Justin Amash is the ex-Rep. Justin Amash. He was the first sitting Libertarian to ever serve in Congress. tweeted todayMasters: Masters claims to be a libertarian and Masters, an authoritarian who tries as hard as possible to convince libertarians as well as nationalists that he is one of them. Our disagreements are on issues such as immigration, politics, war, freedom of speech and economics. His desire is for less freedom and greater tyranny in these all areas.
Masters and Victor were close enough to agree that all immigrants should be checked at the border before being allowed in. Victor believes this will be done with a very simple visa process. Victor believes that those already in the country without criminal convictions should be given a path to citizenship.
Masters says he’s 100% against any illegal immigration. But, Masters was more liberal in his youth and believed in “unrestricted”, and that we must have a national dialogue about who and what is allowed into the country. Masters has endorsed Trump and is now part of an international movement to construct a wall at our border, as well as spend more money on border enforcement. Victor spoke with Masters about how to stop “Mexican drug cartels” from turning people into slaves in the United States.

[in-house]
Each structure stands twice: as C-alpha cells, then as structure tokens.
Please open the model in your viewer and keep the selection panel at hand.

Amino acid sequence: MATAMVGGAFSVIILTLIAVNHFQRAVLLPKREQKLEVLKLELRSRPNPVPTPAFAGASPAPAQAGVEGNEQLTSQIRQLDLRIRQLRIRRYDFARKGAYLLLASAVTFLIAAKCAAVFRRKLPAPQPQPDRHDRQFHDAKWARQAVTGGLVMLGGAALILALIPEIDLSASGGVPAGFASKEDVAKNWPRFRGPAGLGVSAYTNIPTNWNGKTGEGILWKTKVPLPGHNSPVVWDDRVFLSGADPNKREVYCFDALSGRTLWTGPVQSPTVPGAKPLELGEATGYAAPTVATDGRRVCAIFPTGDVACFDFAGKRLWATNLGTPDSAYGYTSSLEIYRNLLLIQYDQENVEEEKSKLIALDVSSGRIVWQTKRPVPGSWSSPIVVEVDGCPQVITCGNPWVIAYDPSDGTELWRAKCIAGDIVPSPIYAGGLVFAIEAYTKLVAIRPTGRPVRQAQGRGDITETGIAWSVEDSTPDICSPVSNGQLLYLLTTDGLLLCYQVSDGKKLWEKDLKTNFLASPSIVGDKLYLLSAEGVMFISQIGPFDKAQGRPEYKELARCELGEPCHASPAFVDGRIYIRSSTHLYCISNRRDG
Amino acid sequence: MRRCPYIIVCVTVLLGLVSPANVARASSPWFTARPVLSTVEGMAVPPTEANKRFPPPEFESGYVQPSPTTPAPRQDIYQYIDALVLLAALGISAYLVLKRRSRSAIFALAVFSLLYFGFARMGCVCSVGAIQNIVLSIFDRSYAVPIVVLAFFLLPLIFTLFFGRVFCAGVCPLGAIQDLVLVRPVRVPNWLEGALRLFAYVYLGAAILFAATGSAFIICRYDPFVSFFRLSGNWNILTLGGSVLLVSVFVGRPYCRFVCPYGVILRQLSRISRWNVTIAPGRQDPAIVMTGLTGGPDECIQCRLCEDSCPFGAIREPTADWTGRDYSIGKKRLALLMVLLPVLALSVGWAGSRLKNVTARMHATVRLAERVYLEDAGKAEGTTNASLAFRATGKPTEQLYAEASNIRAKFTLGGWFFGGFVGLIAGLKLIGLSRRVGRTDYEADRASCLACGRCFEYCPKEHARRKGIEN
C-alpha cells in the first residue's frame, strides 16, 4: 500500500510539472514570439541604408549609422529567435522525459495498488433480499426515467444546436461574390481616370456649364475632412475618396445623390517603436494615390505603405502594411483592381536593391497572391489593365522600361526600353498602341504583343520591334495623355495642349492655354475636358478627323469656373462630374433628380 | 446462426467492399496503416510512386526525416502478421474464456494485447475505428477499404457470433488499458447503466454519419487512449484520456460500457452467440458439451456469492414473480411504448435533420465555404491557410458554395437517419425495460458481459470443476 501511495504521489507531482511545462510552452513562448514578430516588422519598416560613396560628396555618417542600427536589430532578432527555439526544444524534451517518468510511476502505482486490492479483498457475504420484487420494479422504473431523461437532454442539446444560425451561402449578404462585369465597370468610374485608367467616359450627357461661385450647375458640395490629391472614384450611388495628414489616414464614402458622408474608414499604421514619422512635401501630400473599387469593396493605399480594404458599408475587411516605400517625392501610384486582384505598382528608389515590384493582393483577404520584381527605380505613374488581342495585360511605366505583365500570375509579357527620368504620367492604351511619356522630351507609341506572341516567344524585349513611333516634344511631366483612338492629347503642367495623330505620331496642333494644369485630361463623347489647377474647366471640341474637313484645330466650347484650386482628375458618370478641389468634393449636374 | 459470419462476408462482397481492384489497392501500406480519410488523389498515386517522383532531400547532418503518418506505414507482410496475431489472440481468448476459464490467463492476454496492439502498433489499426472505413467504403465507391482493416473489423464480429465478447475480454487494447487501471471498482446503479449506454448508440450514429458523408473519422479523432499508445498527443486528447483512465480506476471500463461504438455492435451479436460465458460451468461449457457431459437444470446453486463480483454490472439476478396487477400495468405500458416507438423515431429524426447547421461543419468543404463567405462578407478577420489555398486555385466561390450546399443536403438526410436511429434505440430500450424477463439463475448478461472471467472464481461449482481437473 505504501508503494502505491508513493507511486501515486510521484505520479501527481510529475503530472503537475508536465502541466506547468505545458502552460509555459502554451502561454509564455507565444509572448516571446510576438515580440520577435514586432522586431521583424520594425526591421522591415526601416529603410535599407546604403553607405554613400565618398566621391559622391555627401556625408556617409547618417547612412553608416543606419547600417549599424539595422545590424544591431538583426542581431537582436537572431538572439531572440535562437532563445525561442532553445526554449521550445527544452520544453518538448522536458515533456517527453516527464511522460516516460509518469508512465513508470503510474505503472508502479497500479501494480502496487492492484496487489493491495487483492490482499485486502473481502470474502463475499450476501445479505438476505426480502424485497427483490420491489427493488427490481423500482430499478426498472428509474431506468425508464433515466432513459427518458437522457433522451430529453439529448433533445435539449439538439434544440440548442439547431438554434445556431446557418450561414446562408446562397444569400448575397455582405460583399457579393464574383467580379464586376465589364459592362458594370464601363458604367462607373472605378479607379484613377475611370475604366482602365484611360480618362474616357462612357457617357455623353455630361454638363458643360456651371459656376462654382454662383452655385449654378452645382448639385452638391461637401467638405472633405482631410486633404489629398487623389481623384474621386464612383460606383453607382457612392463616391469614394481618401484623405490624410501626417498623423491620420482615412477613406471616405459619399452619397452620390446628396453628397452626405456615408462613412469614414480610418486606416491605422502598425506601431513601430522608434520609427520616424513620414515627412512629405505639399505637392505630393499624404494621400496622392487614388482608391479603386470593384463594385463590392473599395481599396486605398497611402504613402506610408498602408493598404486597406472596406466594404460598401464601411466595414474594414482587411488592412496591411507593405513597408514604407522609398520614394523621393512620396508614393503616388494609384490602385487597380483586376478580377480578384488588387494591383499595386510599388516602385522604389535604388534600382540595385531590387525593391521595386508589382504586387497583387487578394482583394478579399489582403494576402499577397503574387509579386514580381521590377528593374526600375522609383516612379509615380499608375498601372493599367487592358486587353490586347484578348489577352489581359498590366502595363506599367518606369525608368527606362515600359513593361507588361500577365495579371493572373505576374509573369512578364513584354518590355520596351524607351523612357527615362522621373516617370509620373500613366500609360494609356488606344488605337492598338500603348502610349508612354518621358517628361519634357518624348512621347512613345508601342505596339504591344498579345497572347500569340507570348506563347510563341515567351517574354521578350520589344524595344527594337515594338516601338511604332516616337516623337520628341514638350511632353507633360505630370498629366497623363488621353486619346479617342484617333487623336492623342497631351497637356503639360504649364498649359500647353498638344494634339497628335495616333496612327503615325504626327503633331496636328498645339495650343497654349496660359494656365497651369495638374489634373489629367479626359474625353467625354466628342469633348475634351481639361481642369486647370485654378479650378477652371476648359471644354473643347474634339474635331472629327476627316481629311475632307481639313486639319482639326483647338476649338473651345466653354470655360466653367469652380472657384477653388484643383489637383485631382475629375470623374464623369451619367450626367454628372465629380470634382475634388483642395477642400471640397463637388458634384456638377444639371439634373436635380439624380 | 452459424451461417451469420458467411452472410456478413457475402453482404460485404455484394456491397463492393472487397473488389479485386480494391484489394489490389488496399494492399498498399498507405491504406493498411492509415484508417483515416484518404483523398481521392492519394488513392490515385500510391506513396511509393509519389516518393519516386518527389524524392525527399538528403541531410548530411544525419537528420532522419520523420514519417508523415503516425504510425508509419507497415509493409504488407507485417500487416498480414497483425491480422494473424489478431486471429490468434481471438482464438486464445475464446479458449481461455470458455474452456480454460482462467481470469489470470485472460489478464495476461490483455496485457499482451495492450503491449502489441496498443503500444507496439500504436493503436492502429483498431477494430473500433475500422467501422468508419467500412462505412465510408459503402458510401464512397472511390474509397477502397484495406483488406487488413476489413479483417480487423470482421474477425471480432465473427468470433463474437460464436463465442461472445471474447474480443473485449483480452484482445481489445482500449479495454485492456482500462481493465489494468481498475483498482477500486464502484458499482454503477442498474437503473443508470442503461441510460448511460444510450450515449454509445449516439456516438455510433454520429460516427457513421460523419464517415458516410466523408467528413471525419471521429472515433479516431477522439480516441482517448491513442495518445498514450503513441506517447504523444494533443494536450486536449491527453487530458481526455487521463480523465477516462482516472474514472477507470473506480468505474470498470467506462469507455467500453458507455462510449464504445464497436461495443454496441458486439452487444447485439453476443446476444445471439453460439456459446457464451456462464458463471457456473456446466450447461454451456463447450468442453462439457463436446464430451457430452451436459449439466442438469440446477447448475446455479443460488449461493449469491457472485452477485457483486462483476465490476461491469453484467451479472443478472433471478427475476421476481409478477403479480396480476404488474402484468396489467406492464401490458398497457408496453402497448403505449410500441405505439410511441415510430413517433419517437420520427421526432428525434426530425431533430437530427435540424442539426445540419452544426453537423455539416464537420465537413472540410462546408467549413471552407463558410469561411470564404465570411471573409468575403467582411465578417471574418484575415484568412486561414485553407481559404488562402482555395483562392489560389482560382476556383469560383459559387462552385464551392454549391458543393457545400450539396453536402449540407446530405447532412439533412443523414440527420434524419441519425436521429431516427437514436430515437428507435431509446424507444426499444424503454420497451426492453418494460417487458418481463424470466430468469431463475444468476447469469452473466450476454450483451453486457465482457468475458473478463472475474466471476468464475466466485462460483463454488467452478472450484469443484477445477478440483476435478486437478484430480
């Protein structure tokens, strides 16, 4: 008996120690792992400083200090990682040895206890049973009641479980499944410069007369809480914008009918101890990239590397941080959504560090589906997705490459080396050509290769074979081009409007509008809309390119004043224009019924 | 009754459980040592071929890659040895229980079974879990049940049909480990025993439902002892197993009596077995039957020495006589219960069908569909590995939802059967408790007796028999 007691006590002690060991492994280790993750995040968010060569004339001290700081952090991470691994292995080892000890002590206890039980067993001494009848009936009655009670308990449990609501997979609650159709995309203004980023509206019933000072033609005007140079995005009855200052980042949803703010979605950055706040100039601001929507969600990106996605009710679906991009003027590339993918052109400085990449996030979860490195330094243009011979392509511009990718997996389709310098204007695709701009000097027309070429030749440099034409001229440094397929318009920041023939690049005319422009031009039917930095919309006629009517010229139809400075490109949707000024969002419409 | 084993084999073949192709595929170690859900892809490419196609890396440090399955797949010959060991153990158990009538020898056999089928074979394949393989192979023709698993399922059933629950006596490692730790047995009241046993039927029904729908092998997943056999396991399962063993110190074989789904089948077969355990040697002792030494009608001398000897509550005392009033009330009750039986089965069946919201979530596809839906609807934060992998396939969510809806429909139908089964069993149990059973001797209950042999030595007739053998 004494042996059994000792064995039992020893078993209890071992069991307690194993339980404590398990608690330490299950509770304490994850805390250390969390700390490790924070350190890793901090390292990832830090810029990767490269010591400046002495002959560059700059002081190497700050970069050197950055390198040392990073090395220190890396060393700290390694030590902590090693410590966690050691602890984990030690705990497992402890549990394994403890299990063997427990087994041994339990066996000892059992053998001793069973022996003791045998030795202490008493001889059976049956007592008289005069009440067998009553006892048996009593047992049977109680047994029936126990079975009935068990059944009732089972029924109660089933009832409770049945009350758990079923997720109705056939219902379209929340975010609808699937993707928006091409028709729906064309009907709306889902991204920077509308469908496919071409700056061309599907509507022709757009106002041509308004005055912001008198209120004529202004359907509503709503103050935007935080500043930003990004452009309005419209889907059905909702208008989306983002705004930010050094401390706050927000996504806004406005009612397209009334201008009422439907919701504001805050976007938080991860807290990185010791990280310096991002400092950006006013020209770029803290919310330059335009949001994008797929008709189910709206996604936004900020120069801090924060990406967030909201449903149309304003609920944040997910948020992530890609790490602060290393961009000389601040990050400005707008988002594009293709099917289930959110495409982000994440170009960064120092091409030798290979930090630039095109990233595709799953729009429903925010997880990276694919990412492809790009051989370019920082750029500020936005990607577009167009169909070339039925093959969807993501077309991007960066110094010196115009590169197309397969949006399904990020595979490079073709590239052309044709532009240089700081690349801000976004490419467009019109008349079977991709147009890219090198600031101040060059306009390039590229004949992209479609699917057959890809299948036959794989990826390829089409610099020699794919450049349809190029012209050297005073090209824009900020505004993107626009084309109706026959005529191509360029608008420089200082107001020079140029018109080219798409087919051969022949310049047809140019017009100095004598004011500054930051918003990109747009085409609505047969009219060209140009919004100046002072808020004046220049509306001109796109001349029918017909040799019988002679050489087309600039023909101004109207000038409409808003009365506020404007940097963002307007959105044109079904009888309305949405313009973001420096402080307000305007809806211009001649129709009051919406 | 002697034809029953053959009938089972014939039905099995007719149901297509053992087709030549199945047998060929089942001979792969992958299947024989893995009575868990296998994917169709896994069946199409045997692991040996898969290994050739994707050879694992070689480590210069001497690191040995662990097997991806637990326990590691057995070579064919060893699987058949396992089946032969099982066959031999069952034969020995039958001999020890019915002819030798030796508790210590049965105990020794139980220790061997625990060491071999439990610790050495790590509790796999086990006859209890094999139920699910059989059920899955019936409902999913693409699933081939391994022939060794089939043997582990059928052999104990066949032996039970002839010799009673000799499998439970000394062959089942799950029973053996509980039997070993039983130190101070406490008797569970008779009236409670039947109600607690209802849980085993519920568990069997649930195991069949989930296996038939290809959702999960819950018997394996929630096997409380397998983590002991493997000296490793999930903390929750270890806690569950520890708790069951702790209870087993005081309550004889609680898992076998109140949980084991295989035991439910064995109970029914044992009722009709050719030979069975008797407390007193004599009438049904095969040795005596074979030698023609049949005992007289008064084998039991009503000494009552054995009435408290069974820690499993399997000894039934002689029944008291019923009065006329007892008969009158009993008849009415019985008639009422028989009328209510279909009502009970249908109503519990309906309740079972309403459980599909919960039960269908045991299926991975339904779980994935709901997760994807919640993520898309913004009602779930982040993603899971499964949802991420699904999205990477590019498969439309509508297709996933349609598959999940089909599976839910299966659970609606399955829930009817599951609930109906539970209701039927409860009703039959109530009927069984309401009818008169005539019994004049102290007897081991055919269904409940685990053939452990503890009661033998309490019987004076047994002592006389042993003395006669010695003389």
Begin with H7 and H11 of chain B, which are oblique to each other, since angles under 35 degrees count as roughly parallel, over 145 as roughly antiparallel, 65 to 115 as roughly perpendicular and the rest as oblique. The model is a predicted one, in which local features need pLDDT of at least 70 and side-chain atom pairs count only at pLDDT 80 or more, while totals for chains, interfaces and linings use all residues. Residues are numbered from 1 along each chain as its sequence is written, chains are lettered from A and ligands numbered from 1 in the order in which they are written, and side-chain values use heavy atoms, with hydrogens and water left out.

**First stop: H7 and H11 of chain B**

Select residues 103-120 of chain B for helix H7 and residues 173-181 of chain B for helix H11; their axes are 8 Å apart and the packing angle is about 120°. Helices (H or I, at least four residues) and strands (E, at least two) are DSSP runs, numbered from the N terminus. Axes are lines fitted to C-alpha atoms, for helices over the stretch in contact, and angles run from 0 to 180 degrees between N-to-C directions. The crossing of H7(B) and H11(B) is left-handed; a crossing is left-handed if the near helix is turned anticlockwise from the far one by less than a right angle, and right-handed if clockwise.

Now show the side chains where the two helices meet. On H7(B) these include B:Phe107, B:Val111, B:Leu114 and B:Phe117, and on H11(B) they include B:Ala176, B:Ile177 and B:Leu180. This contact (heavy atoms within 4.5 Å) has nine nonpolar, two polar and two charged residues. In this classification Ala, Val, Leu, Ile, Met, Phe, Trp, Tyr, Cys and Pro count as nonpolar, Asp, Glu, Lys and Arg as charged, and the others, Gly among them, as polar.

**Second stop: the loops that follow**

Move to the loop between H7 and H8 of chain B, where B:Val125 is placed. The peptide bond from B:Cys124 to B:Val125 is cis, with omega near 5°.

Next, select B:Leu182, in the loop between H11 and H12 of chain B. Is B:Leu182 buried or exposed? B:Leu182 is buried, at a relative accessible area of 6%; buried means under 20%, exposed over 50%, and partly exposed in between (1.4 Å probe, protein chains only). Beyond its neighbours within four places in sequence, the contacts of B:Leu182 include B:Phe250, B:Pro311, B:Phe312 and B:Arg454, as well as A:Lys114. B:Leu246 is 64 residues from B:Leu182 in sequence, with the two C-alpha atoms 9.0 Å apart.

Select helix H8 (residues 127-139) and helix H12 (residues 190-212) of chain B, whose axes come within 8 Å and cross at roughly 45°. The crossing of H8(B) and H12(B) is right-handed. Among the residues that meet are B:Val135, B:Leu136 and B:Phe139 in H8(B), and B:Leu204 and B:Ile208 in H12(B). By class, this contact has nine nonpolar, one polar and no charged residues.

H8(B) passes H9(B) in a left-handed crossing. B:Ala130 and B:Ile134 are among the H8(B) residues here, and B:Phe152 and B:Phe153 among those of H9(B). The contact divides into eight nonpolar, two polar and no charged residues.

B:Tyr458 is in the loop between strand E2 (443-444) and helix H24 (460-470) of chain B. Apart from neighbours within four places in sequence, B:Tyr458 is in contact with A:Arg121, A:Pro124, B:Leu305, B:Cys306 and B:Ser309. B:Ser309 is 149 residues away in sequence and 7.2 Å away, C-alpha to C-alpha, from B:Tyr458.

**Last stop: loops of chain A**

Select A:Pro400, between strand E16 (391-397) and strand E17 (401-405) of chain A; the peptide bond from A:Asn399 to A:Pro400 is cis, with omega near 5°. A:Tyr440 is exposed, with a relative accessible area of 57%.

Masters stated that Libertarian voters could find it objectionable that he made a clear-cut declaration at Miami’s National Conservatism Conference that “libertarianism does not work”.
Victor approached Masters to discuss this. It was consistent with Masters’ general supporter, co-author attitude. From Zero to One, Peter Thiel, he told Victor he has come to believe that the fight against an “authoritarian left” demands the control and use of state power to crush that left. The left will take us to “death camps or concentration camps” if we do not fight back.